I’m baaack! Farm life has kept us busy and that, combined with the idiosyncrasies of rural internet restricted my blogging for the last several weeks. Now that I have weathered the character building challenge of the slow turning wheel with a fresh supply of megabytes, join me in a cup of tea (or coffee, if you prefer) and I will fill you in on our egg-citing life.
As many of you know, our rooster received his moniker and wears it well. After valuable input from readers and FB friends he was christened Sir Henry Foghorn. Sir Henry has adapted to his peer status readily by loudly crowing about the first egg our Gertrude laid.
Gert and Gladys share the top of the pecking order with their egg laying skills, however their shenanigans caused a storm of clucking consternation when Gladys got her head stuck UNDER the nesting box! Poor girl had quite a bit to say after I extricated her from her rather humbling predicament. Gert, being a true friend, clucked sympathetically, took Gladys into the coop and stood by for moral support. Voila – our egg production doubled! Mildred the Java girl is following protocol by laying her eggs IN the nesting box and we’re looking for Velma to contribute her share any day now. I will confess a substantial bit of personal excitement at the discovery of our first egg.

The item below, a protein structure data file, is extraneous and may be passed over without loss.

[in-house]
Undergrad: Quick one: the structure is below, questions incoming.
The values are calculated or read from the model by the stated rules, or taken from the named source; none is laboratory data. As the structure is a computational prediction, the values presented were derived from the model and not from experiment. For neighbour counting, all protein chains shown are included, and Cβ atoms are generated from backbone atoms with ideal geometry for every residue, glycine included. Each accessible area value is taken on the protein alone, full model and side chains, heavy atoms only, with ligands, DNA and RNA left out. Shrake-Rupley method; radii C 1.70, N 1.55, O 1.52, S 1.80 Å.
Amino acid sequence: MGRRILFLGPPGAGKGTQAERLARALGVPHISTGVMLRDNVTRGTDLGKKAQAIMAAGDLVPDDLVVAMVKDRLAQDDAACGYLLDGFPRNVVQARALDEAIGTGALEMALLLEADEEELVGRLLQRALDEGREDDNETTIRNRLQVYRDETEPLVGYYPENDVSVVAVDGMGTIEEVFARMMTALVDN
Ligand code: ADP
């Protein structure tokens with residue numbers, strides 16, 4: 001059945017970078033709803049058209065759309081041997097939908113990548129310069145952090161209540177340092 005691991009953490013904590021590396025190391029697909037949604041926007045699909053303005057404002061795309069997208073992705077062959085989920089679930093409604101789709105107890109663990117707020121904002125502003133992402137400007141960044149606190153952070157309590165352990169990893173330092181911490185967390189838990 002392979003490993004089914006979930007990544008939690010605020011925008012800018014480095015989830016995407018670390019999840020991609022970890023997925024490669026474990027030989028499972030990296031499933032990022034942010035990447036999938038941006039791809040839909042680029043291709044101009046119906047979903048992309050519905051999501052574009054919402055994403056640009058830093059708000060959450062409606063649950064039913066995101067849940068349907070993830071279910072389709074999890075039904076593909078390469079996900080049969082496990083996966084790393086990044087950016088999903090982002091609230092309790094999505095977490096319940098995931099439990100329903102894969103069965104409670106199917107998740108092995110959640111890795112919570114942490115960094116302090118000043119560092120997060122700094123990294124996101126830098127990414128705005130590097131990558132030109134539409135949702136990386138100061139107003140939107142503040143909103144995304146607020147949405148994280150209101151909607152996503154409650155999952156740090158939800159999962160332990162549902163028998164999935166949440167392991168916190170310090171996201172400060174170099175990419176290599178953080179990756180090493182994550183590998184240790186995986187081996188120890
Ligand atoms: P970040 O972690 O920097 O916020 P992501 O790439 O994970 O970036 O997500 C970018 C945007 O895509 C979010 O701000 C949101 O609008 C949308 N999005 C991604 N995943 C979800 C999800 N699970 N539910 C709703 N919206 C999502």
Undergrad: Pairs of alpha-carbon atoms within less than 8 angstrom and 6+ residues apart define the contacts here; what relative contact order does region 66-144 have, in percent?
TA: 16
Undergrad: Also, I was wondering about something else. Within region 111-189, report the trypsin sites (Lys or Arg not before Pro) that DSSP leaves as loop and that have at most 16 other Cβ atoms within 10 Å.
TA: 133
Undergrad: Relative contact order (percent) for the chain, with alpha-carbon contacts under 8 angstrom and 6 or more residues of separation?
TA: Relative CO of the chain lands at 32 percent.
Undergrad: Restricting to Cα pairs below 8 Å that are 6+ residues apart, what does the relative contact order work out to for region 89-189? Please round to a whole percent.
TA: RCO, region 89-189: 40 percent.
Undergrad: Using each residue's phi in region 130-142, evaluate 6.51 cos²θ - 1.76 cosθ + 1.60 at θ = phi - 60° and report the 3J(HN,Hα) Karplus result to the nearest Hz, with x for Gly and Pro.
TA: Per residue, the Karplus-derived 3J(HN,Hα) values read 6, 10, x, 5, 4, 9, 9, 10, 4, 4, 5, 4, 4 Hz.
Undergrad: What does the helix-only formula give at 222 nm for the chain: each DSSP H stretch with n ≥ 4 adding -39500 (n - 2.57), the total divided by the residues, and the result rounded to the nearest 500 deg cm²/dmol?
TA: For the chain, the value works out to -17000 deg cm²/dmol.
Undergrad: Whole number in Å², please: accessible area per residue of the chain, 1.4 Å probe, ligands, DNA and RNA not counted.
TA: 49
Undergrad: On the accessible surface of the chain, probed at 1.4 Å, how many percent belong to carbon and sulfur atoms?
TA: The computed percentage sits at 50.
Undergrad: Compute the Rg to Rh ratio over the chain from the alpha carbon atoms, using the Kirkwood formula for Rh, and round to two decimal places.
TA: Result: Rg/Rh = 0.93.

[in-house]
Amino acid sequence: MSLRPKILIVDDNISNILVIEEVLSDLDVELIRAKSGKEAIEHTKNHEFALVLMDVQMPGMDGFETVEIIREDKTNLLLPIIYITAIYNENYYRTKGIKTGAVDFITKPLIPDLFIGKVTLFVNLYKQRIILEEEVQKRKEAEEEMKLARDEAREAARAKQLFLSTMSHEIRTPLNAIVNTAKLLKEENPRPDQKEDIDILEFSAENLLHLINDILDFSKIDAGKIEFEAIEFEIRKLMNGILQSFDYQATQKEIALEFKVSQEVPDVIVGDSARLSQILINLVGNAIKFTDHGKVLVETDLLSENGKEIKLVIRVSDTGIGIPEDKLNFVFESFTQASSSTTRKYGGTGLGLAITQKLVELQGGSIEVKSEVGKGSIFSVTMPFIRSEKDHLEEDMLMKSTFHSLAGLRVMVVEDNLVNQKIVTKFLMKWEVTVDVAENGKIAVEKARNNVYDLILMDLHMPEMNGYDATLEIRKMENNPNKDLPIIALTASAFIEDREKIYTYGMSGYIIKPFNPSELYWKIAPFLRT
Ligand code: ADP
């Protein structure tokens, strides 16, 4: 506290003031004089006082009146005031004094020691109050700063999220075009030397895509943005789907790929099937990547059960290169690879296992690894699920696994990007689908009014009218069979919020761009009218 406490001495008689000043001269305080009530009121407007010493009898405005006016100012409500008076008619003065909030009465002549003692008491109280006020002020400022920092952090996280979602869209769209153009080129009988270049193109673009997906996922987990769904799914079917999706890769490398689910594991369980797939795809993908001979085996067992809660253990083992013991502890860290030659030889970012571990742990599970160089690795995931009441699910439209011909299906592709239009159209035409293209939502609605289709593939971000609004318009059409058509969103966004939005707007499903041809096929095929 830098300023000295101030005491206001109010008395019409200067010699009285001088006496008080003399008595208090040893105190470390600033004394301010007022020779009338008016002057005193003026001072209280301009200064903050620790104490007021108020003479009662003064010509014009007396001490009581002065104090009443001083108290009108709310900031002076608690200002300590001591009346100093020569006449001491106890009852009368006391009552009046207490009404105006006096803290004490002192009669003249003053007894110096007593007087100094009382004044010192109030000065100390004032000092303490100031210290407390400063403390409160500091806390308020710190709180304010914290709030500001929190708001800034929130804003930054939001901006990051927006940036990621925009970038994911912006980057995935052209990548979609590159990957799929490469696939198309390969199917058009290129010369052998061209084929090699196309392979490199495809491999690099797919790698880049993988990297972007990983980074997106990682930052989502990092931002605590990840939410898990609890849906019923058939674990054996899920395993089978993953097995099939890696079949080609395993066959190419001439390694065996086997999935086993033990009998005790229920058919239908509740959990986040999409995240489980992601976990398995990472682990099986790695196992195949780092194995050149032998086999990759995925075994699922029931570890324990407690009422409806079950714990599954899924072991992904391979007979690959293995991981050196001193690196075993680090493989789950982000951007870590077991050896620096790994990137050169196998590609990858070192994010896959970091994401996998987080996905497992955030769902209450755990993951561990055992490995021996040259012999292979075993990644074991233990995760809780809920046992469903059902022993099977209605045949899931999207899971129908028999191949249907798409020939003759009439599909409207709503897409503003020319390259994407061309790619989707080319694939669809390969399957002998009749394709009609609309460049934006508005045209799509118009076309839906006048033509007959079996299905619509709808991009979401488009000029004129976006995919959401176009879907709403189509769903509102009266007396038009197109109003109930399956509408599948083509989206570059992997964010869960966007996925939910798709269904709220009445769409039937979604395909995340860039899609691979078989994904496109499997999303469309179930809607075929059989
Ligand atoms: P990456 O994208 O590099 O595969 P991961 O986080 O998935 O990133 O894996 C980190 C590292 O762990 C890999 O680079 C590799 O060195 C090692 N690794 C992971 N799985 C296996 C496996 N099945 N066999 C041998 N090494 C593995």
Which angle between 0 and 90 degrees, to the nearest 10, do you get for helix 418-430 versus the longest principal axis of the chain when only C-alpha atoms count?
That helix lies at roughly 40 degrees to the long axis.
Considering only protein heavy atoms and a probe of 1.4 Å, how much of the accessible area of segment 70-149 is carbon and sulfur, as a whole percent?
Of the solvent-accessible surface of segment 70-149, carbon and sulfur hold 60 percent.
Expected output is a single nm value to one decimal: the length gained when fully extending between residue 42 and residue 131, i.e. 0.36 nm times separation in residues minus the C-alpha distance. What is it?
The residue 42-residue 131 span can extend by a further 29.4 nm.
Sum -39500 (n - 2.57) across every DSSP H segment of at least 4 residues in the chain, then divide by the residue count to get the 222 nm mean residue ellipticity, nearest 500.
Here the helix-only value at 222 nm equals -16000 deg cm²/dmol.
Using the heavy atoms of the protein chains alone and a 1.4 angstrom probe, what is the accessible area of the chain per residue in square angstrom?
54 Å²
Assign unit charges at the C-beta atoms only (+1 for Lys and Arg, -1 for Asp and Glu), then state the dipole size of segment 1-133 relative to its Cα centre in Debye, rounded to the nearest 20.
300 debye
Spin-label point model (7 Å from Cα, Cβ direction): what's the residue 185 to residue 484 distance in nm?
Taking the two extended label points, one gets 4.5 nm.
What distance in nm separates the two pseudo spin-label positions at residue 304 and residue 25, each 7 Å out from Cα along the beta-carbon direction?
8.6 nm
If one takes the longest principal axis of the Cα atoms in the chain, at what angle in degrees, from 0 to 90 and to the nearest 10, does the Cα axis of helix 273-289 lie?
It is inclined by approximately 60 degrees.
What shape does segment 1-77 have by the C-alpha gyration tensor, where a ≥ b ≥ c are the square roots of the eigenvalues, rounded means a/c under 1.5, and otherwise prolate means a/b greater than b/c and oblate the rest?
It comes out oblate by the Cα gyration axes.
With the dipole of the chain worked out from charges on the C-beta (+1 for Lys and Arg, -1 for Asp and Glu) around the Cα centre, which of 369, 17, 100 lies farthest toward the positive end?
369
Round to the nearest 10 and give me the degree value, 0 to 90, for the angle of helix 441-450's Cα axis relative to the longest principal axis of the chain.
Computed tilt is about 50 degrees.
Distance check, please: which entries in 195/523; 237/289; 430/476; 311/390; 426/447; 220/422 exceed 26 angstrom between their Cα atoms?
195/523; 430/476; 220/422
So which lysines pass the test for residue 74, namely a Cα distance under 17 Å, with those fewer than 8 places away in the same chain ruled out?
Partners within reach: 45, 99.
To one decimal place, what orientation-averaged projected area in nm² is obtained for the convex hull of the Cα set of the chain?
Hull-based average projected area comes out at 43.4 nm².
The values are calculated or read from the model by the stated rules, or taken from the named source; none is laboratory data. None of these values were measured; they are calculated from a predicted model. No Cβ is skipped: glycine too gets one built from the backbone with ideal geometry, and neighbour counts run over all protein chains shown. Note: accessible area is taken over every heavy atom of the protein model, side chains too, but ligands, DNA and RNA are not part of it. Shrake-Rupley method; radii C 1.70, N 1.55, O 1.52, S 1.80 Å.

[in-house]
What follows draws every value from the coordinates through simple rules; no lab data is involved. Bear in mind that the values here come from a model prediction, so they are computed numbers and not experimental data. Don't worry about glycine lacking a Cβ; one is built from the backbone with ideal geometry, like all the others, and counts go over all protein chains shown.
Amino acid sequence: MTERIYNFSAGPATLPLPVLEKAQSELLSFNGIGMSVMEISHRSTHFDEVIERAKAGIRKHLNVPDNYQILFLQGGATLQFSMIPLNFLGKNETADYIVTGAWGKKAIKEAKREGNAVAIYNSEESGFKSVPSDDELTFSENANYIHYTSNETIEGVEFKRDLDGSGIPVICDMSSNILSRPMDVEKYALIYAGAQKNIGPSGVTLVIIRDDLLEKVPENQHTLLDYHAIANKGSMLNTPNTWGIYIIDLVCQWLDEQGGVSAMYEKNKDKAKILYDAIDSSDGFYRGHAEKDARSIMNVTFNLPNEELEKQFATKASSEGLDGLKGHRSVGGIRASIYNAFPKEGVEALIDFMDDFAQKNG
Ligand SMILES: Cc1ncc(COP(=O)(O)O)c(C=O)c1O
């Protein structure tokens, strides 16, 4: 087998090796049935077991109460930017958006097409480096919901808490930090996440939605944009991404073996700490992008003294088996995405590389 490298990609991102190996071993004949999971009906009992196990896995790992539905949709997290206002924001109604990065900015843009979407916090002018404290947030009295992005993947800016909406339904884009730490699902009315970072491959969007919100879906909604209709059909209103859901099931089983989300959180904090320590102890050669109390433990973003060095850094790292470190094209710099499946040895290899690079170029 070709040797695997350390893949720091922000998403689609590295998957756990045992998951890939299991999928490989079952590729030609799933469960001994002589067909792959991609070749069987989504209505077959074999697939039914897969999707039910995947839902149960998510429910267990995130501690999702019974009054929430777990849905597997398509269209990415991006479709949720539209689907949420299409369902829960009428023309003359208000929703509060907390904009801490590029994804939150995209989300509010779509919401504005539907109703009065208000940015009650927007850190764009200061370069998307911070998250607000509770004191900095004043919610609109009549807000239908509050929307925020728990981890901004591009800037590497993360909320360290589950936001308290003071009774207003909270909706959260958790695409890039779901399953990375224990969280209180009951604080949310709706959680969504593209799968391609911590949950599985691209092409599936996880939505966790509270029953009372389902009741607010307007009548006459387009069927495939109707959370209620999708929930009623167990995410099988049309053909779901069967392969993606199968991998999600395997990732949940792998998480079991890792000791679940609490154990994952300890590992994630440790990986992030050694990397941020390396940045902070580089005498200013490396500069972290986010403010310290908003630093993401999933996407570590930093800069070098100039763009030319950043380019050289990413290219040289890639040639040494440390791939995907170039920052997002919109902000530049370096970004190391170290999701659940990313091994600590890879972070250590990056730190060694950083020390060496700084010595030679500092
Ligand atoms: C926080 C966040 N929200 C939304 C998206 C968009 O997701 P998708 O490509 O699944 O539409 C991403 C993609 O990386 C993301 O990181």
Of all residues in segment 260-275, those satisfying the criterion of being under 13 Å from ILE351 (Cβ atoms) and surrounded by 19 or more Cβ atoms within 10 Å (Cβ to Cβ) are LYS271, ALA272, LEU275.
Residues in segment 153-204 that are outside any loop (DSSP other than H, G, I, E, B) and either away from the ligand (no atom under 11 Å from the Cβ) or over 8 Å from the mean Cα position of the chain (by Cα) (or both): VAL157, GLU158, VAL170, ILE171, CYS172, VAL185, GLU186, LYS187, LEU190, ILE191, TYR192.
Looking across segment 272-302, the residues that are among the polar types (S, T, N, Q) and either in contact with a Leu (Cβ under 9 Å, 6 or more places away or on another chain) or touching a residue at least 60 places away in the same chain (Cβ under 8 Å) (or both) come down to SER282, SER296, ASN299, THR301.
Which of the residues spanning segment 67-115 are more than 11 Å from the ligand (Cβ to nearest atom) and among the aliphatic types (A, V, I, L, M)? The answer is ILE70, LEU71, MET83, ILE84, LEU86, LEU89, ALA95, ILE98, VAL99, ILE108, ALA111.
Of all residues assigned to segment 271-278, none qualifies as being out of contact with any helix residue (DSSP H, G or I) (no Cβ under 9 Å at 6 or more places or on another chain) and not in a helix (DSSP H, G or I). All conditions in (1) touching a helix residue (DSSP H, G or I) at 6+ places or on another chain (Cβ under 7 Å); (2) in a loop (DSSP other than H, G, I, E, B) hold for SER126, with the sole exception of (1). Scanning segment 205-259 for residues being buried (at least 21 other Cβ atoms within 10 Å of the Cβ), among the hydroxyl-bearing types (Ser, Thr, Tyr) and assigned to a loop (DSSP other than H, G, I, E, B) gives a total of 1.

Our south pasture has been a hive of activity as the fence line is cleared in preparation for our new fence. We’ve met our neighbors, a family whose ancestors have been in this area over 100 years still living in the original 1925 farmhouse. The brush pile grows as our boundaries are defined. With those boundaries comes another new name: Glen Haven. Every farm deserves a name, right? So now we’re legit and I’ll fill you in more later but expect a website, logo and farm products a little farther down the line.
Meanwhile, I’m learning bales about grass and hay! Recognizing that our animal products are only as good as what they consume has set me on a quest to really develop a grassroots perspective! Soil samples, identifying types of grasses and studying how to farm hay is whole new territory. We will institute managed intensive grazing (aka MIG), a part of a holistic land management program using animals for restorative purposes. Joel Salatin’s book above (click on pic to see more) helped put the pieces of what God was speaking to me together. My head spins with a plethora of terms and ideas to ruminate on. It’s quite fascinating, actually. Look for us to expand our herd as we incorporate some of these practices at Glen Haven.
A beautiful day full of sunshine prompted us to put out a long row of onion sets and a package of peas just in time for winter storms to roll in, one after the other.
The first snowfall was exquisite but now that we’re on #3 – I’m done and ready for spring!
I’m certain the sunshine will return soon and we will be hard at work planting seeds.
And next time, I’ll tell you how this little guy walked into our life!